When L’Avventura debuted at the Cannes film festival in 1960 the reception was so unfavourable that the director, Michelangelo Antonioni, and his star, Monica Vitti, ended up beating a hasty retreat from the cinema where it was being shown. Up to the point where they decided it wasn’t worth it any more they’d endured boos, jeers, laughs and shouts of “Cut!” in scenes which, the audience felt, just ran on too long. Everyone’s a critic.
By the next day sentiment had started to shift. The film went on to win the Jury Prize – among those on the jury were the writers Henry Miller and Georges Simenon, so a tough crowd – and since then the film is a regular on lists long and short when talk turns to the greatest ever made.
It’s the first of the Incommunicability Trilogy (La Notte and L’Eclisse would follow), a name given by critics rather than Antonioni. A difficult film in many respects, it starts off following a bored rich girl Anna (Lea Massari) and her pal Claudia (Monica Vitti) on a long weekend away with other bored rich people. Swimming, sex, pootling around the Aeolian islands on a boat, that’s the general idea. But then Anna suddenly disappears, forcing the entire group to marshal themselves – with various degrees of enthuasiasm – and search for her high and low on a chunk of volcanic rock so bare there’s nowhere really to hide. Anna is gone. Leaving behind her guy, Sandro (Gabriele Ferzetti) and her pal, who, having got to know each other a bit better in this moment of high tension… well, it’s Italy and they’re good looking people… you follow my drift. (More cynically, if there’s one thing people wanted from European films at this time, which marked them out as different from American films, it was illicit sex.)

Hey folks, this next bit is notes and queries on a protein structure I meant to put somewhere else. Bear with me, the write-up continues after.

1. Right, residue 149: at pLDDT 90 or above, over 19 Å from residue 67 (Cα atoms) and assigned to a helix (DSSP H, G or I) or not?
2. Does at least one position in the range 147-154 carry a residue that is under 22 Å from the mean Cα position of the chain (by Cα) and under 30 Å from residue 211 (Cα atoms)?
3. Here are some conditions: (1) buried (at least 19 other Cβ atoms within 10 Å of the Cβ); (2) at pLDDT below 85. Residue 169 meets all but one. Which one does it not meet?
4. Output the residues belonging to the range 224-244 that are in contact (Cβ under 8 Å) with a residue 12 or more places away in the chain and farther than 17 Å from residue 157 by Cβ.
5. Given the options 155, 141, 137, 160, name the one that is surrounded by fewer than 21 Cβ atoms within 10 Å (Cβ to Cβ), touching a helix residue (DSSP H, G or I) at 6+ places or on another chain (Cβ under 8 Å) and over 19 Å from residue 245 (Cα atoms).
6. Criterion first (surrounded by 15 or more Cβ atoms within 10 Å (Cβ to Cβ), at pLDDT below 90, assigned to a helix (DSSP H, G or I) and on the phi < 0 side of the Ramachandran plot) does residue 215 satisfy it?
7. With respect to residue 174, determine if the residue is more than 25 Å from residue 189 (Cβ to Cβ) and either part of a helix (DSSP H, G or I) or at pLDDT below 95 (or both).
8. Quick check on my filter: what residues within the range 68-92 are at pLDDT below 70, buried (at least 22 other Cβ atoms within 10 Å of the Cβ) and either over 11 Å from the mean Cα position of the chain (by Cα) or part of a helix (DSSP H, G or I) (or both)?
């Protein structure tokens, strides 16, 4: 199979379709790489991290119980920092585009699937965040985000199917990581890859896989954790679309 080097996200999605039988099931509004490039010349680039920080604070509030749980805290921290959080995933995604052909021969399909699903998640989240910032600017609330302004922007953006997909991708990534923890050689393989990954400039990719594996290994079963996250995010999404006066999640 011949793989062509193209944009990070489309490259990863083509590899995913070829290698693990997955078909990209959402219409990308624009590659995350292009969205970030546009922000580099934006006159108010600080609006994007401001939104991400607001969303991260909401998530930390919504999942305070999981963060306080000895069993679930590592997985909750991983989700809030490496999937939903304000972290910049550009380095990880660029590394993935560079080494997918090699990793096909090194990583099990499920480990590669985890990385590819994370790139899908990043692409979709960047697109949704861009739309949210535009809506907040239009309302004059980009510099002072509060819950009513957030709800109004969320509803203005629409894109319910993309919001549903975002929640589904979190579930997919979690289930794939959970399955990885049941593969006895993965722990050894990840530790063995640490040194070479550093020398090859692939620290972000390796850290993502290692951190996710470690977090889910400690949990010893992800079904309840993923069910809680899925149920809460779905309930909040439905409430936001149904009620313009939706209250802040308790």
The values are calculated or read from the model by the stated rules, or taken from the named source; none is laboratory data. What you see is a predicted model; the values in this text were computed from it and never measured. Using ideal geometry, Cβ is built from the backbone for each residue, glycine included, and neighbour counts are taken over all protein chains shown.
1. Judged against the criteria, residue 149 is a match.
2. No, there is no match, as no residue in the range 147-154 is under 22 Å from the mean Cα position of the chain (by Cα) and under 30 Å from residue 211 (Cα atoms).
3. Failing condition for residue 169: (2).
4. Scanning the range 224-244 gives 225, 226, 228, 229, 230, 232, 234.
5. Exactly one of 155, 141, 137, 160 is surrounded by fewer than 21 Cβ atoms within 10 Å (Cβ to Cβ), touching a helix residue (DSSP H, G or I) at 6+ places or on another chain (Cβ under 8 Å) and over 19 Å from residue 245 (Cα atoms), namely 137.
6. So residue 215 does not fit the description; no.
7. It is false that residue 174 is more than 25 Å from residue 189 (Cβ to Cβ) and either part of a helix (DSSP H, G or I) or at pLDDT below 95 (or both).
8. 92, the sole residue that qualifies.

L’Avventura translates obviously as The Adventure but Italians also use the word to mean a fling. A young woman goes missing and so her best friend jumps into bed with her man. It’s grotesque behaviour, though neither Sandro nor Claudia see it that way and it’s no surprise the film was criticised as immoral by various religious commentators.
At one level that’s fair enough. But Sandro and Claudia’s fling is only one of many, many, many instances in this film of people just getting the whole thing wrong, saying the wrong thing, doing the wrong thing, behaving in ways that make no sense. Take an early scene – while swimming in the sea Anna screams she’s seen a shark and causes a panic. There is no shark. She’s made it all up. Why? Later, after Anna has disappeared, the search party meet an old fisherman. Is anything up, the fisherman asks, conversationally. No, nothing, Sandro replies. Why? Someone is missing, why not just say so? “Words… create misunderstandings,” Sandro had said to Anna before she disappeared, trying to smooth out their troubled relationship. Fair enough, but what else do human beings have?
These scenes set on the island are the best in the film. Here, L’Avventura’s “message” is distilled to a syrup, in scenes that are exquisitely composed, with Antonioni moving his camera about not to focus on this man or that woman because they’re speaking but to get his tableaux more perfectly in the frame.
Generally, people in films say things that advance the action or reveal something about themselves or others. Not here. Half the time the character we’re watching is shit-splaining, running a constant mindless commentary on what’s going on round them, even though they’re barely aware of what actually is going on round them.
But what little grasp they do have of reality or events, or consequences or appropriateness (this is the great movie about inappropriate behaviour) vanishes like vapour when sex rears its head. Look at the scene where Claudia walks through a square that’s full of men, and they all, like dogs hypnotised by a string of sausages, can’t help themselves. The women are as bad – rich bitch Giulia (one of the yacht party) is at one point introduced to a 17-year-old artist with bedroom eyes and… kablooey! She’s old enough to be his mother. But she’s powerless against the urge.
If Antonioni liked his characters more L’Avventura would be a much more engaging film. It has “something to say” but Antonioni doesn’t make it easy. Junking about 50 per cent of film-making orthodoxy is one thing, but these people – pretty much everyone in the film in fact – lack something, starting with that very first scene between bored dilettante Anna and her pompous money-loving father and continuing right to the end where Antonioni holds out a tattered shred of a happy ending, of sorts.
See the films of Hirokazu Kore-eda, someone who has borrowed a lot of the style and philosophy of Antonioni, for a warmer version of the same. Antonioni is bleak.
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© Steve Morrissey 2022